Observers speculated that the sentence means that Aseyev can be included in an upcoming prisoner swap. However, the sentence was apparently handed down in August, and it is currently unclear if and when a prisoner swap might occur.

Also, the separatists continued to hand down long prison sentences to purported spies and Ukrainian agents. On 15 October the “LNR” sentenced a woman to 14 years for “espionage”, on 24 September a man was given 12 years for the same charges. The “DNR” on 4 October sentenced a Ukrainian soldier to 18 years, one day earlier another Ukrainian soldier got 30 years and on 2 October a soldier was given 16 years.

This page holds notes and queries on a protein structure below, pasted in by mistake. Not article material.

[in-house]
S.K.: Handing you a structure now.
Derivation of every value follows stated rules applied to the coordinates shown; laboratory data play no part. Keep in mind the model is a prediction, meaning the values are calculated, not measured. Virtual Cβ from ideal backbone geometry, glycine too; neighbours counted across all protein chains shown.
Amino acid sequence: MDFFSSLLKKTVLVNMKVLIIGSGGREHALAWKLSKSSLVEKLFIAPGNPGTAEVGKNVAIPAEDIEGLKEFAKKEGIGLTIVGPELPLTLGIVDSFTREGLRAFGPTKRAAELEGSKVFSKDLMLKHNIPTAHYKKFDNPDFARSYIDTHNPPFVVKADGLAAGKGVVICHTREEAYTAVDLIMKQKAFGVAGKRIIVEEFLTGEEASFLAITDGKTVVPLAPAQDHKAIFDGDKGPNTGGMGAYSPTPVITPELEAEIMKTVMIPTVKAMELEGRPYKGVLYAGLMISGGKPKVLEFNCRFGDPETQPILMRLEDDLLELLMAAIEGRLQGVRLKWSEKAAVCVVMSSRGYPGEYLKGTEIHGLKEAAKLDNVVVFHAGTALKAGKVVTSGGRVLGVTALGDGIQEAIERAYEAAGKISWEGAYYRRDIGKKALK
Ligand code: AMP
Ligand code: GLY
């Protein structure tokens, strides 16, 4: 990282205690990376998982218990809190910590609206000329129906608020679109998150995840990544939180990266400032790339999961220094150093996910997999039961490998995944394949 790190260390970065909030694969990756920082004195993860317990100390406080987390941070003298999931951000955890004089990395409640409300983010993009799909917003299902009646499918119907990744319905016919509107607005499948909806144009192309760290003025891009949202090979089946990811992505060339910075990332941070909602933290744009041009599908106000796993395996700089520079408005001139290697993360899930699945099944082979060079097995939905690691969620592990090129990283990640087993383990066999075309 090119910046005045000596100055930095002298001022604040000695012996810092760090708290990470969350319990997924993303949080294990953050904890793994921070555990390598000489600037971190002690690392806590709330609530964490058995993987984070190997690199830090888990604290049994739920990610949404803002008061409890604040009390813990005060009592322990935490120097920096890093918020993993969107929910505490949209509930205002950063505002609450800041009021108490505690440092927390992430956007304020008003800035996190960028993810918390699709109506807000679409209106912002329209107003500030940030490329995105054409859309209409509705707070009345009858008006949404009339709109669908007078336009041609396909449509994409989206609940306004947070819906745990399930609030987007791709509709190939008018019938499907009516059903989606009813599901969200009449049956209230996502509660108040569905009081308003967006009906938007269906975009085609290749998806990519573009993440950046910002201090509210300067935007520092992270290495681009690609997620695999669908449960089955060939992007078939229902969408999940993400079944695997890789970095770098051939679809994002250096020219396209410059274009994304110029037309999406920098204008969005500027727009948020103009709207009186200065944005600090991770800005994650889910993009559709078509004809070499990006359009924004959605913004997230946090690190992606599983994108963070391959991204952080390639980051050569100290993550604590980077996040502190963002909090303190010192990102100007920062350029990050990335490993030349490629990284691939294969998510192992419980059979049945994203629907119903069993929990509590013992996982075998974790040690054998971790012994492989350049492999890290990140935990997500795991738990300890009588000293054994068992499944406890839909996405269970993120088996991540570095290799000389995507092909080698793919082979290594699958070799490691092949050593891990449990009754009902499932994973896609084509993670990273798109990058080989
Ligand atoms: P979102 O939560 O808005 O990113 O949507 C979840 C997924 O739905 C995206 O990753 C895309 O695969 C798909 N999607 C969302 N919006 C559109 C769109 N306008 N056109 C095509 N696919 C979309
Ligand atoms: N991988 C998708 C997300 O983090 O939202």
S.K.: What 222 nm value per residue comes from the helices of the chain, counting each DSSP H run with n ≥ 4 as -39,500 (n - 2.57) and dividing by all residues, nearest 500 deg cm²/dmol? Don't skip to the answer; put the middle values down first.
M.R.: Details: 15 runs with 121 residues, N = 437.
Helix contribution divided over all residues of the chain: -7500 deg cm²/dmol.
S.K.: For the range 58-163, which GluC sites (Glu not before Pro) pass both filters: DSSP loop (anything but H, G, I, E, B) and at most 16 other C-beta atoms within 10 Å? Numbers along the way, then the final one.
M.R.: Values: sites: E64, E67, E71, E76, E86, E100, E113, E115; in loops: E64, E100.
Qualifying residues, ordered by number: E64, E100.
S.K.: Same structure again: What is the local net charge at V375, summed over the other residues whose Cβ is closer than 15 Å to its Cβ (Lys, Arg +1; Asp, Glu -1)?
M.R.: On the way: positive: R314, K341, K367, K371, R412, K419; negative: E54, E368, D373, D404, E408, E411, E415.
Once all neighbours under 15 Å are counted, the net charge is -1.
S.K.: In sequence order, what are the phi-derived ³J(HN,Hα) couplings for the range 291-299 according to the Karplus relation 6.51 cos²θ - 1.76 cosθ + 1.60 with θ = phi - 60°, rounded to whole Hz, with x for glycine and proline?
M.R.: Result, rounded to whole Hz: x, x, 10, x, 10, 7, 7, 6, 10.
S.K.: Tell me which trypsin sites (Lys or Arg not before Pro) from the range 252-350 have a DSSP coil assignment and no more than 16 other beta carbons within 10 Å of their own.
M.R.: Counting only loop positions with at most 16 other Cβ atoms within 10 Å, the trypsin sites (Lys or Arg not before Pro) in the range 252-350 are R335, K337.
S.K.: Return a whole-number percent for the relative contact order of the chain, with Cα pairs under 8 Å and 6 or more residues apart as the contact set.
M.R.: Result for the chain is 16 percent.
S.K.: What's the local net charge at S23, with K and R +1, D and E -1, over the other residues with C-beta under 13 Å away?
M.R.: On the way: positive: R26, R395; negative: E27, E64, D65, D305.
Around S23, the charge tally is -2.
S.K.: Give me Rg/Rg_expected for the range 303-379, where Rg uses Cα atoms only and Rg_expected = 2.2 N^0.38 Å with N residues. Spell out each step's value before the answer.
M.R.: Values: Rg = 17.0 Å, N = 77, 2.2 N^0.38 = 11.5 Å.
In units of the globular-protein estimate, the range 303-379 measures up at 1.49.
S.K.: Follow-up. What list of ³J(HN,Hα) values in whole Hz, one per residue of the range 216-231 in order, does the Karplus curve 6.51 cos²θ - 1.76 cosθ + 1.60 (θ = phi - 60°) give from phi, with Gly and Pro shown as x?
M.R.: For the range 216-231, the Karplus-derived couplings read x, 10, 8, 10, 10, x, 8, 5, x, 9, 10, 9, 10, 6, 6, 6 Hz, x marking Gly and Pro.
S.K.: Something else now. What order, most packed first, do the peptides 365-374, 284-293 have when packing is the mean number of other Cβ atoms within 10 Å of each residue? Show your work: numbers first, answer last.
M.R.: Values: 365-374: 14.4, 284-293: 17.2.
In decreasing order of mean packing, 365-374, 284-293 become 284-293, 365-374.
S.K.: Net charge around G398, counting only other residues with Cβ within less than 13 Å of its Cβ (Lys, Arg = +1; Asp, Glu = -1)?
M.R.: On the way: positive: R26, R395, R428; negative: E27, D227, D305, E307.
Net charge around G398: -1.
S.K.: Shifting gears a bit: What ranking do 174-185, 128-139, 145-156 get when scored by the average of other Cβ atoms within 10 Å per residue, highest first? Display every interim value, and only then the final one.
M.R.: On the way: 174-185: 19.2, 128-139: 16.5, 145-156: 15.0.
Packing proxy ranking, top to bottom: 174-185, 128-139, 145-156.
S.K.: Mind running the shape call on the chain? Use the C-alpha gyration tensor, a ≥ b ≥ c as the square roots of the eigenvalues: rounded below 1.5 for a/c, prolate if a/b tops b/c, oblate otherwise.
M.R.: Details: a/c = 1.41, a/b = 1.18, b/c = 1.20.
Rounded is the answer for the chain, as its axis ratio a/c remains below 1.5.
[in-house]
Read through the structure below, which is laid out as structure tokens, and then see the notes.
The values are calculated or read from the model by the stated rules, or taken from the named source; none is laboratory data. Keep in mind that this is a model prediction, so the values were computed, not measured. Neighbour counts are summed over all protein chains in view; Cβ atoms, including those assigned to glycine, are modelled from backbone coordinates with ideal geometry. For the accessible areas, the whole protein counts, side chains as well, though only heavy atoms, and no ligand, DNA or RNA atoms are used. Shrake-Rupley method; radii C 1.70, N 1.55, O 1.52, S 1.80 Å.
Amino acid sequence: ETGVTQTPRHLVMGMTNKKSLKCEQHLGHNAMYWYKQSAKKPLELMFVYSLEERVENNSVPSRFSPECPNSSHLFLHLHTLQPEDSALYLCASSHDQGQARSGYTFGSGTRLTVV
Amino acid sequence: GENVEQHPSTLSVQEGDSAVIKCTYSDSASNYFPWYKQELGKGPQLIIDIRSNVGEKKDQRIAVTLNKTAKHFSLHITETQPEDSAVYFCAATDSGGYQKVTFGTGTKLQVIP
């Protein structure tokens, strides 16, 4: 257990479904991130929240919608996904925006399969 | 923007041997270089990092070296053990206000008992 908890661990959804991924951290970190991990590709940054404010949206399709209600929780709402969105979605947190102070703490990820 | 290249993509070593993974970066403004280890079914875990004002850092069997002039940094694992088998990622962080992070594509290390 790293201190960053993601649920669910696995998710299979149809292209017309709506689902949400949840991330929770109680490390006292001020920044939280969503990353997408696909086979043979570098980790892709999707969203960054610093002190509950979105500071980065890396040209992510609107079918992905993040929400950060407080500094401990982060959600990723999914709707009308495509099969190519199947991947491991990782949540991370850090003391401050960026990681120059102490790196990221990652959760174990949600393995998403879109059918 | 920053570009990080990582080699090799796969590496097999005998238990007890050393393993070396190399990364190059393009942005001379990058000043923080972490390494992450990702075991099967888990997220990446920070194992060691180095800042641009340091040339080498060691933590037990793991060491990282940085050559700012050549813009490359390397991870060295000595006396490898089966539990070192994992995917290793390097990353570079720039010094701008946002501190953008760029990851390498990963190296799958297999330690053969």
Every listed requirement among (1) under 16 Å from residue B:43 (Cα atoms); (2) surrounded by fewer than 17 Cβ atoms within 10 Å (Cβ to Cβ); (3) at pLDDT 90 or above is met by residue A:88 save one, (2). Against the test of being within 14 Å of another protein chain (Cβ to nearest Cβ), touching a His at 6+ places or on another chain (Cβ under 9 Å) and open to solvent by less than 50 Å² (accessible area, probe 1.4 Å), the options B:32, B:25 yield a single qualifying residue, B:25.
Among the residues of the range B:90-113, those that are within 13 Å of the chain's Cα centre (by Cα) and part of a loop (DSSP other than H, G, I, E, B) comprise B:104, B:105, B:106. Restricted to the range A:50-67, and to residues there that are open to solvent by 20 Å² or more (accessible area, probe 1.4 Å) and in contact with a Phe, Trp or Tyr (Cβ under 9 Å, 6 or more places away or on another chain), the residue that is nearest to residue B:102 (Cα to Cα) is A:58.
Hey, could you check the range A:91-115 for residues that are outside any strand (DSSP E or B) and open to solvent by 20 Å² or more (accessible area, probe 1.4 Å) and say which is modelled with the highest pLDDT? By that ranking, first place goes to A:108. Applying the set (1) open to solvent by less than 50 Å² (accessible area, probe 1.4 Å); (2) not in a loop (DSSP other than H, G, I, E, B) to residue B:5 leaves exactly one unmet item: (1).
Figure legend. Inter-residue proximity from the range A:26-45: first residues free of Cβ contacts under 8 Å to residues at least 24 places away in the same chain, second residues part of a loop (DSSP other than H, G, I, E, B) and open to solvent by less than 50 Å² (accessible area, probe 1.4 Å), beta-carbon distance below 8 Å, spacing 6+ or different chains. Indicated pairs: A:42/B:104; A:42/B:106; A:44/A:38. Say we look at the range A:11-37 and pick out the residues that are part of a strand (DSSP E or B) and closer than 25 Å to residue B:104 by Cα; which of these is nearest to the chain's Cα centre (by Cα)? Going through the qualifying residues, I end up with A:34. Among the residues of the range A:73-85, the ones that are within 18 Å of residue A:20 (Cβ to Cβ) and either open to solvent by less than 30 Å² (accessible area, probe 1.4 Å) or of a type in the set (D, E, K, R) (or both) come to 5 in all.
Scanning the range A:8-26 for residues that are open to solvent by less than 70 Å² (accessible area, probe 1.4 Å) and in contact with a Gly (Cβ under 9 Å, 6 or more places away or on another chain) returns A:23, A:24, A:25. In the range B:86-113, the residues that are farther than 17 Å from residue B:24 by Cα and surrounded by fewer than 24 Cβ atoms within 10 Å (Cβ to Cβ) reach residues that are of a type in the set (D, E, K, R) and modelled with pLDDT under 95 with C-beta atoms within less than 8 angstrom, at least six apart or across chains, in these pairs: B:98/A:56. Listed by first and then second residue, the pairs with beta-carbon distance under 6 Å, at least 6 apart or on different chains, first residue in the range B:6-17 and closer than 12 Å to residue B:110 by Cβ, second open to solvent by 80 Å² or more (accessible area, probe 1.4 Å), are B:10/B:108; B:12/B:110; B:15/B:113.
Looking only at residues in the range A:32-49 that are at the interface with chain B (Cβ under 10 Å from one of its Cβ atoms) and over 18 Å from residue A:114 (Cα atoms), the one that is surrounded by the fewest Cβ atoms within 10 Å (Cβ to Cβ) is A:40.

“DNR” office opens in Belgium

The “DNR” claimed on October 18 that it opened its seventh foreign representative office abroad – and the first in Belgium. The centre is located in the private house of Kris Roman, a well-known pro-Russian activist, in the Flemish city of Dendermonde. Some five sympathizers and two Ukrainian TV crews showed up for the opening, according to a report on the Belgian knack.be news site.

The “DNR” Foreign “Ministry” claims on its website that there are currently seven representative offices in European countries, two alone in Italy. However, all of them are private initiatives with no official status. The centre in the Czech city of Olomouc was closed by authorities in April 2018 and the head of the French centre, Hubert Fayard, was in detention on pimping charges for four months until his release in September.